Tuesday, 10 April 2007

Seredipity by the River

Be careful, very careful when taking new ways home. You never know what will happen when you do.
Two Sunday's ago, a suggestion to go home by a way we'd never tried before, took us well into the depths of Ladner and onto the south bank of the mighty Fraser river (you know, where the Salmon go to spawn?). Ladner is still in the Greater Vancouver area and stuffed in a none-too-clear area in the Corporation of Delta just above Tsawwassen ( where you take the ferry to Vancouver Island). Yeah, I'm still having problems finding where things are. But then, that's the part of the adventure in living in a new place, isn't it?
We decided to drive toward the river and then along it to find a place on the bank where we could go look out and maybe take pictures. After passing, substantial dikes on which were an amazing collection of dilapidated fishing huts and shops, a surprisingly modern pod of floating homes with a marina and the S&M industries building (it's not what you think. S&M in this case, stands for Seafood & Meats). We come up on a modest little park. And that's where we saw it!
At first, I was just interested in the lovey-dovey pair of seagulls nestled on top of a pile. Then, as Bogart said to Kate on The African Queen, you learn to read the river. Where there is whitewater are rapids, where the water's surface is disturbed, is not surprising, something underneath. Out by the pier, just below the nesting gulls, the water was indeed not as smooth as it should have been. Odd, I thought to myself, waves usually swell and then fall. But this wave just continued to bob higher and higher. Then it hit me! Silly girl! It wasn't a wave, it was a head! A wet black, smooth & shiny head. Then this thing crawled out of the dark water and flopped onto the wooden deck like a jelly giant slug. Heaved itself tall and looked like it was right chuffed with itself. Never having seen a seal, or was it a sea lion(?) real life & up close before I was spell bound by this lumbering flippered creature sun-tanning on the deck. I must have taken 50 digitals, until my batteries went dead. Ten minutes later, when we left the park, our Californian Sea Lion (I checked up when I came home), was still lounging in the sun as bold as brass.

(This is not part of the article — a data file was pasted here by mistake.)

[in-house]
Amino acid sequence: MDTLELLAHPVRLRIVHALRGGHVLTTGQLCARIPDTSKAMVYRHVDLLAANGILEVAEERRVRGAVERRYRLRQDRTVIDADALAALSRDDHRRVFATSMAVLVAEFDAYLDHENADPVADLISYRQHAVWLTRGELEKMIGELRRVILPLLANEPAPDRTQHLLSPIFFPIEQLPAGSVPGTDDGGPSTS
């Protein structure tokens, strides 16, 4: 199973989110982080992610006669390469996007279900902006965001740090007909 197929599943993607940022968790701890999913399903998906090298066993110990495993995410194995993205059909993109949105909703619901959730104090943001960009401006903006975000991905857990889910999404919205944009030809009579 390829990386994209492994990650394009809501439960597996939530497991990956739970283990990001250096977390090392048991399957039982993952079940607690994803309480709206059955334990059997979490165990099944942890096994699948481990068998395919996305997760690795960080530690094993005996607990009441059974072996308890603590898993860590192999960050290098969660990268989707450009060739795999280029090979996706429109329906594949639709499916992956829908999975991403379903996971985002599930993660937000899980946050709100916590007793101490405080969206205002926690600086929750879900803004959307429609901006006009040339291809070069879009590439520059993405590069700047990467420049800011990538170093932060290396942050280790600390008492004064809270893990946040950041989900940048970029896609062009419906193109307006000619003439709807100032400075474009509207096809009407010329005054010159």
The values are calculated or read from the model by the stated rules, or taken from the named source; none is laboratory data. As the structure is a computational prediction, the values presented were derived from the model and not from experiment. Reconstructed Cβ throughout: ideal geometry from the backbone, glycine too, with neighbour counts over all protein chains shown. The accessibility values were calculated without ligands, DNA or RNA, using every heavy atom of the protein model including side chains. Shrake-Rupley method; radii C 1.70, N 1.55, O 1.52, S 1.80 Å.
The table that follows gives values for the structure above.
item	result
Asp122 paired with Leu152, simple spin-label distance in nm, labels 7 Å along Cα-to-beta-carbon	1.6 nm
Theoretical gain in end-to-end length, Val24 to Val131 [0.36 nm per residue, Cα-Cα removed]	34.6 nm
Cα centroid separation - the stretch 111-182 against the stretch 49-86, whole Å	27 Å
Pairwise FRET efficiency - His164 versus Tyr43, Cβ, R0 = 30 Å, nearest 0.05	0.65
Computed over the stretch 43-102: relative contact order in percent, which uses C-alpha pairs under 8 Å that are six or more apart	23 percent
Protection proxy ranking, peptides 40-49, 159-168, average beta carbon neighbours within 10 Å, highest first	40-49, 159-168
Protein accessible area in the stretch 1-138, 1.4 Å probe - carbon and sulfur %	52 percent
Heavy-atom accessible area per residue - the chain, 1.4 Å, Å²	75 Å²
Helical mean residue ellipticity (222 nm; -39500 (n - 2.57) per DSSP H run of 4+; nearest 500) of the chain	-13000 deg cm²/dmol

Amazing to a tropical girl like me, the working Fraser River is a ecosystem teeming with life of all sorts, not only fish. Tourists come from all over to visit Steveston, at the mouth of the river to see the Californian & Steller Sea Lions congregate & frolic. But only the males. It seems that all the females are back in the breeding ground looking after the pups. Sound familiar?

This from a tourism write-up I found online

"In the waters around Vancouver other marine mammals can be seen. Many of them follow the migrations of eulachons, herring and salmon, particularly around river mouths. Harbor seals are very common and can be recognized by their spotted coats, large eyes and earless heads. While there are two species of sea lions, the giant Steller sea lions are rare as compared with the California sea lions. Tour boats take tourists out to observe sea lions from the Steveston docks near the mouth of the Fraser River

Every year during April and May, when the Fraser River estuary is teaming with spawning eulachons, thousands of sea lions migrate into the area to feast on these herring-sized members of the Smelt family.

California Sea Lions (Zalophus californianus) come all the way from Mexico and the large Steller Sea Lions (Eumetopias jubatus) travel South from the Arctic.

Only male sea lions travel here. Females and calves stay behind. Because they have no rookeries to protect, they are playful and non-territorial."


Horny Peter said...

Hi there! Love the pictures you've taken. 'twas a good thing you didn't bump on the seal!

marsha said...

What a wonderful post and such great pics! I saw my first sea lions at the San Francisco pier area during my trip and yup, they aren't really like what you think they are until you see them in the flesh, eh?